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Mosquito distribution in a saltmarsh: determinants of eggs in a variable environment


Rowbottom, R and Carver, S and Barmuta, LA and Weinstein, P and Allen, GR, Mosquito distribution in a saltmarsh: determinants of eggs in a variable environment, Journal of Vector Ecology, 42, (1) pp. 161-170. ISSN 1081-1710 (2017) [Refereed Article]

Copyright Statement

Copyright 2017 The Society for Vector Ecology

DOI: doi:10.1111/jvec.12251


Two saltmarsh mosquitoes dominate the transmission of Ross River virus (RRV, Togoviridae: Alphavirus), one of Australia's most prominent mosquito-borne diseases. Ecologically, saltmarshes vary in their structure, including habitat types, hydrological regimes, and diversity of aquatic fauna, all of which drive mosquito oviposition behavior. Understanding the distribution of vector mosquitoes within saltmarshes can inform early warning systems, surveillance, and management of vector populations. The aim of this study was to identify the distribution of Ae. camptorhynchus, a known vector for RRV, across a saltmarsh and investigate the influence that other invertebrate assemblage might have on Ae. camptorhynchus egg dispersal. We demonstrate that vegetation is a strong indicator for Ae. camptorhynchus egg distribution, and this was not correlated with elevation or other invertebrates located at this saltmarsh. Also, habitats within this marsh are less frequently inundated, resulting in dryer conditions. We conclude that this information can be applied in vector surveillance and monitoring of temperate saltmarsh environments and also provides a baseline for future investigations into understanding mosquito vector habitat requirements.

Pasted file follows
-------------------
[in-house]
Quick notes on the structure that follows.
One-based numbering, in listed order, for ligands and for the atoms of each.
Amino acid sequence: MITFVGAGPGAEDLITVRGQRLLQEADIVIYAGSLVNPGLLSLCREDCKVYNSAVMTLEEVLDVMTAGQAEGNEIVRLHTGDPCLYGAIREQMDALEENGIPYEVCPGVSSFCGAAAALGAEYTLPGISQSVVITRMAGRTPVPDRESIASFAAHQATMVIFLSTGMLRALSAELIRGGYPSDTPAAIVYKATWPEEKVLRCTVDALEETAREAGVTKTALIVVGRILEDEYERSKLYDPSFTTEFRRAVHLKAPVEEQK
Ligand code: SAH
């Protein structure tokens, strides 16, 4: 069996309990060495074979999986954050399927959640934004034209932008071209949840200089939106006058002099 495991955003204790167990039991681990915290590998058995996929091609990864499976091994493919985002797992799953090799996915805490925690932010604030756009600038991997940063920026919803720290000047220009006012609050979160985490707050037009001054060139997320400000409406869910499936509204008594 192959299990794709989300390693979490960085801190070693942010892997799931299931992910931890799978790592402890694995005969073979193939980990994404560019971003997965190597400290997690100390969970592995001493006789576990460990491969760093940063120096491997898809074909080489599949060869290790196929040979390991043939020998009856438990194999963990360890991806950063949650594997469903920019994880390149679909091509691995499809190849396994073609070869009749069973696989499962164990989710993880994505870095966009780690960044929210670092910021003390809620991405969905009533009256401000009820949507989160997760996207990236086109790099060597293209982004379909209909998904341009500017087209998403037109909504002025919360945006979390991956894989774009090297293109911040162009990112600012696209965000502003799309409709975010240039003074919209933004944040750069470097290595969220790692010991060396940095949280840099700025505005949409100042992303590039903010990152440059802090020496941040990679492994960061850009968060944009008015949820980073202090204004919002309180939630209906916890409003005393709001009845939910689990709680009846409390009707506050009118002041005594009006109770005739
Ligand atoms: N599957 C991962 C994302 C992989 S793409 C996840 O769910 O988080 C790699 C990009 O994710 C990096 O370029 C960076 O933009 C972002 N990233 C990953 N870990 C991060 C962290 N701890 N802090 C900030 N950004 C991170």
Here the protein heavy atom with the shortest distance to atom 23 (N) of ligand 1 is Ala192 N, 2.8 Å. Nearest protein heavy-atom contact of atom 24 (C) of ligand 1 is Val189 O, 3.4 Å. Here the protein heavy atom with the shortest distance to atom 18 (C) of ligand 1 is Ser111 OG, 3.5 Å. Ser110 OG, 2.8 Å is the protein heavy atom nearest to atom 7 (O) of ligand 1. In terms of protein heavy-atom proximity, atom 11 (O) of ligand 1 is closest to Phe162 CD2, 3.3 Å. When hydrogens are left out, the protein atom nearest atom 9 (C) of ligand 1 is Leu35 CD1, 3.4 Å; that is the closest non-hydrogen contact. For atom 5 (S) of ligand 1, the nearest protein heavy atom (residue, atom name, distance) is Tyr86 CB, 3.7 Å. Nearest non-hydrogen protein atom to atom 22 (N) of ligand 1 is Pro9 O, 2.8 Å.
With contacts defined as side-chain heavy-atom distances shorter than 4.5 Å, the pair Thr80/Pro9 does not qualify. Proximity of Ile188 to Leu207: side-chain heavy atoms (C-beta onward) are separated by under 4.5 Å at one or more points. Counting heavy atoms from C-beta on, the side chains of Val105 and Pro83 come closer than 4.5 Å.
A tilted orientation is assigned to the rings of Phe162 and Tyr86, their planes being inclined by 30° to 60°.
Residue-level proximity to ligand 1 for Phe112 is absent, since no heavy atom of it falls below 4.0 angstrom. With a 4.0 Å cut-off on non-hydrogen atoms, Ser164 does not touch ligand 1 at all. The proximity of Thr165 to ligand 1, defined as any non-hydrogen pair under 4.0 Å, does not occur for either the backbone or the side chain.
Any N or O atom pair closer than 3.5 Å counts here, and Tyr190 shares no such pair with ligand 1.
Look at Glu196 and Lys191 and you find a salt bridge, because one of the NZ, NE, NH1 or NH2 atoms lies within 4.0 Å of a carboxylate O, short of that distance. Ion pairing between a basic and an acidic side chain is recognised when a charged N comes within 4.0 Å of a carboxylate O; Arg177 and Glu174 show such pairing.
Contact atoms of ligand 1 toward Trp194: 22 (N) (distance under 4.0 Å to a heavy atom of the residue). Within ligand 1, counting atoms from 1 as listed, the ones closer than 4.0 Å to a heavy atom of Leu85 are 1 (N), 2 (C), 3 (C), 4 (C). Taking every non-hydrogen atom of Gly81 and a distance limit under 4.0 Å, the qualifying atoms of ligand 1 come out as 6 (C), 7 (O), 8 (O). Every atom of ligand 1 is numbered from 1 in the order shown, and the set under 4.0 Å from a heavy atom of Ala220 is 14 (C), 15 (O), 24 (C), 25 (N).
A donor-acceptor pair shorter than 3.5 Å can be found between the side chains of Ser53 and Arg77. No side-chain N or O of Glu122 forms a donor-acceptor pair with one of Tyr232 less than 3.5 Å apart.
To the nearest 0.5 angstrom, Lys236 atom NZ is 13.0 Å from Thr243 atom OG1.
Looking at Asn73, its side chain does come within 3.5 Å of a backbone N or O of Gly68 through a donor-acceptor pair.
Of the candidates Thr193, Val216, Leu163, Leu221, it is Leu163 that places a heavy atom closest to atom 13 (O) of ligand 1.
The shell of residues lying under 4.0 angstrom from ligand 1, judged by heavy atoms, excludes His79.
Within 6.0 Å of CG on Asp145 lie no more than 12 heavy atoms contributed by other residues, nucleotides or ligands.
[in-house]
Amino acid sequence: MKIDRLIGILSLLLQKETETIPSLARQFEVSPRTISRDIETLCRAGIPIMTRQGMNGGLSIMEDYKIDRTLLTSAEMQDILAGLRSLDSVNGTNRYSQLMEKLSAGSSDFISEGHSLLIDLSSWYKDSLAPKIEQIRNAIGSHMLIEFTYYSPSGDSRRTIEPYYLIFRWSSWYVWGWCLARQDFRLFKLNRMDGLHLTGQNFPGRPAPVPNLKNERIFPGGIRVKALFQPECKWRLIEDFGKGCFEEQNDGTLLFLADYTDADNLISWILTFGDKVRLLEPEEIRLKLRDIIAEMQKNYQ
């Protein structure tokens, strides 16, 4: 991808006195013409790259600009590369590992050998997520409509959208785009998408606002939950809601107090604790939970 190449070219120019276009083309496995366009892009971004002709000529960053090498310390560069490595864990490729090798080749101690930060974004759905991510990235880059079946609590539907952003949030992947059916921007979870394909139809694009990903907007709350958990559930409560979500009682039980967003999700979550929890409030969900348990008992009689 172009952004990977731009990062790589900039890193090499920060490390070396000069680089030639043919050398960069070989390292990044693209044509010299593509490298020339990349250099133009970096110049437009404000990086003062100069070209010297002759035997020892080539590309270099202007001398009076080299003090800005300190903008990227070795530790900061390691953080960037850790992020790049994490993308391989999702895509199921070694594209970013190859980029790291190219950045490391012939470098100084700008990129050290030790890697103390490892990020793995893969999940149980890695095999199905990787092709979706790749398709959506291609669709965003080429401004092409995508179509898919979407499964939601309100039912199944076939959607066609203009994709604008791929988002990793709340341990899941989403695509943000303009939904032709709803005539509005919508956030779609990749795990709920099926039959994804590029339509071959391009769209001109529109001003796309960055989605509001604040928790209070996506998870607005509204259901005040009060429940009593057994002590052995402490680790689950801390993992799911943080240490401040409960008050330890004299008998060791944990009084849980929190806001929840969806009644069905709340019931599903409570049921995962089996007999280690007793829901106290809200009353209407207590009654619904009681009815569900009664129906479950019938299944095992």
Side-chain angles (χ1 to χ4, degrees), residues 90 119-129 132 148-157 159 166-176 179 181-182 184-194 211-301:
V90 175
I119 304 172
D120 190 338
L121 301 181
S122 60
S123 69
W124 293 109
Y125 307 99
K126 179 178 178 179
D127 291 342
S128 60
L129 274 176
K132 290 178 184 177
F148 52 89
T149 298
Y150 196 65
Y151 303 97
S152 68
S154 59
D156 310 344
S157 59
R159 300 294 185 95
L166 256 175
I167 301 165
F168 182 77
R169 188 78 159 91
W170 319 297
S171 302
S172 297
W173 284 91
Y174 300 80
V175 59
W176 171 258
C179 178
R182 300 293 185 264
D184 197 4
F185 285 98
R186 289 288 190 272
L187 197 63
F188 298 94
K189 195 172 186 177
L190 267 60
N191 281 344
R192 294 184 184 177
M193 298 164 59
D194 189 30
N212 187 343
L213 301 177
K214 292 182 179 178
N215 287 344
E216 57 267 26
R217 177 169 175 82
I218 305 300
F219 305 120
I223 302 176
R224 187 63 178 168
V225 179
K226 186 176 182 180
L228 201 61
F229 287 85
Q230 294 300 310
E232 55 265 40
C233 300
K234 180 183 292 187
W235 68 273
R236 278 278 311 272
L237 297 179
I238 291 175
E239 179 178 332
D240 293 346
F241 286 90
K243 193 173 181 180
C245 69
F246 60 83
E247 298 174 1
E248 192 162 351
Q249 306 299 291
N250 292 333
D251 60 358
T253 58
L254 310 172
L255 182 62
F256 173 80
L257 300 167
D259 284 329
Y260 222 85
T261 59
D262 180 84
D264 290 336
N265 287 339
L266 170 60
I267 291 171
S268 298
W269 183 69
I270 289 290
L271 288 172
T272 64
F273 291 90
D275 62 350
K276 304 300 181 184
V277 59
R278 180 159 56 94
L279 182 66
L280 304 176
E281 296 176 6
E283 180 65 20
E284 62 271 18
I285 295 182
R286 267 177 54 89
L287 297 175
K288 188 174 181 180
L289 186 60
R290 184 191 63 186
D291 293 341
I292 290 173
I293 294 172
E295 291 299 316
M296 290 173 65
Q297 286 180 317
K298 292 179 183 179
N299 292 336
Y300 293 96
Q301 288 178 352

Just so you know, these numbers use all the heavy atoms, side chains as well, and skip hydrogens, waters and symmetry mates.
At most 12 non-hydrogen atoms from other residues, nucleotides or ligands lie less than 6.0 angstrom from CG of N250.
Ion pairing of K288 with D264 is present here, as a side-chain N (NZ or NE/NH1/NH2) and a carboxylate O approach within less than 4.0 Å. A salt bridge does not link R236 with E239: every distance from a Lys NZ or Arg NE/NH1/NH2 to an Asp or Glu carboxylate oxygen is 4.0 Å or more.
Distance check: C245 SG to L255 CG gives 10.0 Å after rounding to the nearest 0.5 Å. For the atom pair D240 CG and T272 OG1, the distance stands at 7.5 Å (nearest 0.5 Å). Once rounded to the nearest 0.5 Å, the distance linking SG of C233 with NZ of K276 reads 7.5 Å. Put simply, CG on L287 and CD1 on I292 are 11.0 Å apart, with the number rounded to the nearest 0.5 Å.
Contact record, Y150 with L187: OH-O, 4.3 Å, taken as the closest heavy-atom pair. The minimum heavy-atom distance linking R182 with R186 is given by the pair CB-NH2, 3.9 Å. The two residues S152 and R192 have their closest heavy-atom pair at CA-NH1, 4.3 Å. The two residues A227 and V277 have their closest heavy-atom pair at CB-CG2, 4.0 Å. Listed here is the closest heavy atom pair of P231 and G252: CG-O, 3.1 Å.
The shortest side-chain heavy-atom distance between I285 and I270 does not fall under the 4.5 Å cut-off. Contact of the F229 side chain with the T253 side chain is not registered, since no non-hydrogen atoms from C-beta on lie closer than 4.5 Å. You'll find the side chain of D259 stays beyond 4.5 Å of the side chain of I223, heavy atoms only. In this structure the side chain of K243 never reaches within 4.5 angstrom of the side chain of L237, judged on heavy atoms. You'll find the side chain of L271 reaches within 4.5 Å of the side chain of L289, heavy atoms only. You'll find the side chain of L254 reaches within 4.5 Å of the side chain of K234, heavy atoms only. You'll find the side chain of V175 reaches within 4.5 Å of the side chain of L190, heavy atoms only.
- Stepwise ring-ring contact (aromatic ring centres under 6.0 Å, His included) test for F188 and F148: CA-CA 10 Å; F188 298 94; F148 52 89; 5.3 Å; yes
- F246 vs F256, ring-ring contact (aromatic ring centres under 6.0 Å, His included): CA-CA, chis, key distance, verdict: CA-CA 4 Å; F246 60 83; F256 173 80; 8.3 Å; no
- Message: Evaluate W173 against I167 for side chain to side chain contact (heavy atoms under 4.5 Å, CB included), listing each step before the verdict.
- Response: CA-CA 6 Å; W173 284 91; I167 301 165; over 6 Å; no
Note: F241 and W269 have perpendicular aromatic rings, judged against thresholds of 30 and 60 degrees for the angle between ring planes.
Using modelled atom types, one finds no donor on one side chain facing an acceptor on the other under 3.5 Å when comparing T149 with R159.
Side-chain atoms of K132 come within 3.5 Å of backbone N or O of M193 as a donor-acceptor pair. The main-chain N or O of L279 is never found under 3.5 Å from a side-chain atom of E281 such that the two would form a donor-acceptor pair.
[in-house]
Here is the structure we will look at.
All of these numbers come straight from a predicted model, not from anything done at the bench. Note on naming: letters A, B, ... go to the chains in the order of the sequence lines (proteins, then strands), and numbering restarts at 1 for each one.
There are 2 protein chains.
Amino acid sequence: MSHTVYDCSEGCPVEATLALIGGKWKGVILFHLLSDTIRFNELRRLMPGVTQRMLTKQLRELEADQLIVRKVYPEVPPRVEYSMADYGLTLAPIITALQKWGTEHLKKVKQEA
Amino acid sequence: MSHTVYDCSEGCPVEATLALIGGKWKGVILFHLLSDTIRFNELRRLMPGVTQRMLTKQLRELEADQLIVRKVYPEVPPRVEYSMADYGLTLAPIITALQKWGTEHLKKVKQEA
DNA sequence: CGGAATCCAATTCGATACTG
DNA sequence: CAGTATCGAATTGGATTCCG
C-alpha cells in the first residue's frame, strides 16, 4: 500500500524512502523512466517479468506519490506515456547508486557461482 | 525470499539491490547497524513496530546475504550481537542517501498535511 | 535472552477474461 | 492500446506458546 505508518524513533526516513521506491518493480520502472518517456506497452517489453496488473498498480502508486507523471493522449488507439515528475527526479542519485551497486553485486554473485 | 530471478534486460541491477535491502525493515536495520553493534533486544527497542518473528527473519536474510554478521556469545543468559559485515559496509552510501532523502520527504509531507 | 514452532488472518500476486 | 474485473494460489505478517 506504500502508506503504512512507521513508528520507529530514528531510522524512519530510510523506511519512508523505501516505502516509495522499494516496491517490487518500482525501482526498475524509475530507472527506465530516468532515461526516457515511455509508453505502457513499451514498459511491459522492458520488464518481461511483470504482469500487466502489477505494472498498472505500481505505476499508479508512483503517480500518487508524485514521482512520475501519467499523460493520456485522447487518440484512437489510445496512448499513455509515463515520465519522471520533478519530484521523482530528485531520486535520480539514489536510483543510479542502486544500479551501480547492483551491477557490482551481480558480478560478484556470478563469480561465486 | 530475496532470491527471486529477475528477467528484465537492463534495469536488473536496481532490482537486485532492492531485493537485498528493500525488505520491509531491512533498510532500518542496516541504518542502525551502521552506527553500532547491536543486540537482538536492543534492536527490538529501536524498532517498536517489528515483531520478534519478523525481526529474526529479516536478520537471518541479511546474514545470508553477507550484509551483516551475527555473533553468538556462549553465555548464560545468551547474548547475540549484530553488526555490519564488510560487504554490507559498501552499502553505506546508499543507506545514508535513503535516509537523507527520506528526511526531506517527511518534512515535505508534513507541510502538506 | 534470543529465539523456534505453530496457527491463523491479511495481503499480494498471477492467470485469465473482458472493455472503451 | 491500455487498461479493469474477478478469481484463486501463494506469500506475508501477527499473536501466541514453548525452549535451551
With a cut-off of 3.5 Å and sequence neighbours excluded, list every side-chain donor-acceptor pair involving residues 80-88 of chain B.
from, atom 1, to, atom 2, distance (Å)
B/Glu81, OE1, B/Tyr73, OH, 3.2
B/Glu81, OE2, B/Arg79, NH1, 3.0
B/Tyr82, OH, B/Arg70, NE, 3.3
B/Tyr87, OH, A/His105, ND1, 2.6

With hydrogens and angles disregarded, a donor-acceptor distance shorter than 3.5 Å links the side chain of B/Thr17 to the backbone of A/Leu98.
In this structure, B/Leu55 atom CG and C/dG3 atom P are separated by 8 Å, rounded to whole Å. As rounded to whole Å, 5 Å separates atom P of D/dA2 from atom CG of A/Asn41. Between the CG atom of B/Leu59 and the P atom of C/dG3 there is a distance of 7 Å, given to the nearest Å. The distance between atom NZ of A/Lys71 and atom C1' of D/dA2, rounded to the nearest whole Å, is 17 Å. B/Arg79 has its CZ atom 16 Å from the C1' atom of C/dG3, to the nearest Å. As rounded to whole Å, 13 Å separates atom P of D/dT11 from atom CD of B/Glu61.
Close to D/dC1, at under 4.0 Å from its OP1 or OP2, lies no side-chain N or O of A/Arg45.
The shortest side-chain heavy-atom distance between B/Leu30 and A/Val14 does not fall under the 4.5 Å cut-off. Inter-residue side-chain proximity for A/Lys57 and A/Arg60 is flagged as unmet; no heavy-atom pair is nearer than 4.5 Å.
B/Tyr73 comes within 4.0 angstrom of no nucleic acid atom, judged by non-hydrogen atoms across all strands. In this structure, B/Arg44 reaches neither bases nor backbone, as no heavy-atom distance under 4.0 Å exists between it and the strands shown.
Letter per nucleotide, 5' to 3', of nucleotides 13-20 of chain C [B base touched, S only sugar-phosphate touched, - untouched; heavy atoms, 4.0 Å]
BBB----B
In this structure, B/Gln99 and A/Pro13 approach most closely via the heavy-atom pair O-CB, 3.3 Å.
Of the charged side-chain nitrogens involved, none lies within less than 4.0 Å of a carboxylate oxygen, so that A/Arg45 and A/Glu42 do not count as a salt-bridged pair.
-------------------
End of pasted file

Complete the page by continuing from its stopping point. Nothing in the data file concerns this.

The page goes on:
Item Details

Item Type:Refereed Article
Keywords:Ross River Virus, saltmarsh, mosquitos, ostracods, Aedes camtorhynchus, oviposition
Research Division:Biological Sciences
Research Group:Ecology
Research Field:Community ecology (excl. invasive species ecology)
Objective Division:Environmental Management
Objective Group:Coastal and estuarine systems and management
Objective Field:Control of pests, diseases and exotic species in coastal and estuarine environments
UTAS Author:Rowbottom, R (Mrs Raylea Rowbottom)
UTAS Author:Carver, S (Associate Professor Scott Carver)
UTAS Author:Barmuta, LA (Associate Professor Leon Barmuta)
UTAS Author:Allen, GR (Associate Professor Geoff Allen)
ID Code:117135
Year Published:2017
Web of Science® Times Cited:6
Deposited By:Tasmanian Institute of Agriculture
Deposited On:2017-05-31
Last Modified:2018-05-22

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